Von Ehlinger resigns House seat

Von Ehlinger

BOISE — With the integrity of the entire Idaho House of Representatives at stake, the House Ethics Committee convened an extraordinary five-hour hearing Wednesday to determine what constitutes “conduct unbecoming.”

The committee heard testimony from Rep. Aaron von Ehlinger, R-Lewiston, a former Army airborne infantry soldier and first-term lawmaker who has impressed colleagues with his work ethic and gentlemanly demeanor.

It also heard from “Jane Doe,” a 19-year-old House intern who has accused von Ehlinger of rape.

Testifying from behind a black screen to protect her identify, the woman did not directly describe events on the night of March 9, when she and the 38-year-old von Ehlinger went out to dinner.

However, she confirmed the accuracy of a Boise police report, in which she alleged that the representative took her back to his apartment and then “grabbed her head and hair,” straddling her and forcing her to perform oral sex, despite her telling him, “No, I don’t want to. This is wrong.”

On the advice of his attorney, von Ehlinger exercised his Fifth Amendment rights and declined to discuss exactly what took place in his apartment that night.

However, he has denied the intern’s version of events, saying the sex was consensual. He also denied violating any House rules, saying there’s no prohibition against dating staff.

The issue for the Ethics Committee is whether von Ehlinger’s behavior — irrespective of whose version of the events is accurate — constitutes conduct unbecoming a member of the House.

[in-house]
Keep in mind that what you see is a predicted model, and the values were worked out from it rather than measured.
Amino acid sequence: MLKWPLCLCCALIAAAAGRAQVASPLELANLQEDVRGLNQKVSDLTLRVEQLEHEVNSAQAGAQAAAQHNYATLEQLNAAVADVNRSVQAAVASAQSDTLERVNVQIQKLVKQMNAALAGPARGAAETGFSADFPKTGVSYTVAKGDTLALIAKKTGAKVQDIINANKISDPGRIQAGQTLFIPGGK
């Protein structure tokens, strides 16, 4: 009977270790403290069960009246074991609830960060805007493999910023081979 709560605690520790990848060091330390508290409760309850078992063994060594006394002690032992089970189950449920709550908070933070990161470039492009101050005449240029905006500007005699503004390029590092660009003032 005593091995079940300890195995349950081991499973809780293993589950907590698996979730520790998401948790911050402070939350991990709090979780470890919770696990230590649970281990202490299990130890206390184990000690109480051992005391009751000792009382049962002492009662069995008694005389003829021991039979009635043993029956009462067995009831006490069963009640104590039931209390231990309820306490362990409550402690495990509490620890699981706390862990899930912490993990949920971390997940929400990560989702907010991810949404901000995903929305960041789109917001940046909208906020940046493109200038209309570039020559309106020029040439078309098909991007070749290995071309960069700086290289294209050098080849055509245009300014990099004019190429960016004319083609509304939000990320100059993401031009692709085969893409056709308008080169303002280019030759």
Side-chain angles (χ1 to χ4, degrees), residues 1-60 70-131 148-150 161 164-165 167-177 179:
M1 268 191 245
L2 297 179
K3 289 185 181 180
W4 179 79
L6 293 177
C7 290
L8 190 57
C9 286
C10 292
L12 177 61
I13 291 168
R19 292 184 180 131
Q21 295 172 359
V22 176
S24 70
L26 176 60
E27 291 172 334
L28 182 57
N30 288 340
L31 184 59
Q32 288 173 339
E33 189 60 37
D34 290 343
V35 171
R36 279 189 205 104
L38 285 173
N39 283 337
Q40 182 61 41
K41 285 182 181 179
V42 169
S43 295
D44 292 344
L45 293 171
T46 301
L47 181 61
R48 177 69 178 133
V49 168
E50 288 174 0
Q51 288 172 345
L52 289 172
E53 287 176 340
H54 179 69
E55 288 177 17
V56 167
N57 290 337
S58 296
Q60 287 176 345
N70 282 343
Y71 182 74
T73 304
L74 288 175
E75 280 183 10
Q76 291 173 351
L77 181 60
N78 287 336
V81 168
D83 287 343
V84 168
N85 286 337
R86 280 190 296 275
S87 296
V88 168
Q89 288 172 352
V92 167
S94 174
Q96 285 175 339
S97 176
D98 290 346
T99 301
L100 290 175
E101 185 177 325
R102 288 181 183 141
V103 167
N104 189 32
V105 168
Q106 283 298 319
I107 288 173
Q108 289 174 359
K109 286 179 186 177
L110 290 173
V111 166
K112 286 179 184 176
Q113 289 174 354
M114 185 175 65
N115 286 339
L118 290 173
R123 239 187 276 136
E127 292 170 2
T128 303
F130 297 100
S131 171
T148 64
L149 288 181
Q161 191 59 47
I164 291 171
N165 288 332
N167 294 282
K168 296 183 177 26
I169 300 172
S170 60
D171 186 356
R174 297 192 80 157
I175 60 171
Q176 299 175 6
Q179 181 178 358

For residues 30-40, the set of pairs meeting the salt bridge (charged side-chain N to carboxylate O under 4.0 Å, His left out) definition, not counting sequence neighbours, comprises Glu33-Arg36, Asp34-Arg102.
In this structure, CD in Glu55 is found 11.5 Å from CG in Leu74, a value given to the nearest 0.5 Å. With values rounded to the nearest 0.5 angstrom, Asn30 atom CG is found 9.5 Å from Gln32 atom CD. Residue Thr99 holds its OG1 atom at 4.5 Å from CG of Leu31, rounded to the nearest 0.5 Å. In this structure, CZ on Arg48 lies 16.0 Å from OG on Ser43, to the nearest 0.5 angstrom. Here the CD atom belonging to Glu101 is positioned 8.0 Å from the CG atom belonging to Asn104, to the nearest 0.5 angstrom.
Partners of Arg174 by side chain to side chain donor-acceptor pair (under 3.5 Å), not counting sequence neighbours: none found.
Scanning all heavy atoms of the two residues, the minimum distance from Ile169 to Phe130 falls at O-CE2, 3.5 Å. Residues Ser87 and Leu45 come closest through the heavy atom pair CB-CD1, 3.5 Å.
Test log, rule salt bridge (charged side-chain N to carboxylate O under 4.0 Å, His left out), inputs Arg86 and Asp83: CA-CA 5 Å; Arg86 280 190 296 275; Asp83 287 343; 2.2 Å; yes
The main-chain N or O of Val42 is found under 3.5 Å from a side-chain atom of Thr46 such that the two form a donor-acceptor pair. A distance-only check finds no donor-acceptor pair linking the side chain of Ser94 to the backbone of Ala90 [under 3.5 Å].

“We aren’t here talking about false claims,” said Rep. Brent Crane, R-Nampa, one of three Republicans on the five-member committee. “The question before this body is: Was the conduct of the representative detrimental to the integrity of the House? That’s the simple question we have to answer. The courts will determine the consent question.”

The full House will eventually weigh in on this matter. The Ethics Committee can recommend that von Ehlinger be reprimanded, censured or expelled, but it’s up to the body to pass final judgment. It could vote on the issue as early as this afternoon.

More than 30 House members attended Wednesday’s hearing in person, and dozens more undoubtedly watched the live online stream.

Chairman Sage Dixon, R-Ponderay, began the proceedings by saying it wasn’t a criminal trial, although it might look like that at times.

“This is a matter internal to the House of Representatives, which has now become public by House rules,” he said.

The House Republican leadership team filed an ethics complaint against von Ehlinger in March, after learning about the intern’s allegations.

House Speaker Scott Bedke, R-Oakley, said they took that step “to protect the integrity of the Idaho House and its representatives — not only those who serve here today, but also every person who has ever been elected or ever will be elected to the Idaho House.”

Two deputies from the Attorney General’s Office presented the case against von Ehlinger. They tried to demonstrate a pattern of behavior, in which he allegedly forced his attention on women and ignored warnings that he was crossing the line.

For example, he asked a House staffer out in January, shortly after watching a training session on the House Respectful Workplace policy, which discusses sexual harassment in the workplace.

He also dated a contract security guard and allegedly stalked or pursued a lobbyist during the special legislative session last August and again this year.

Von Ehlinger’s attorney, Edward Dindinger, repeatedly noted that there are no written rules or laws that prohibit lawmakers from dating legislative staff.

The ethics complaint alleges that von Ehlinger engaged in conduct unbecoming by violating the Respectful Workplace policy, Dindinger said, yet “we’ve never been provided notice of any specific provision in the policy that he violated.”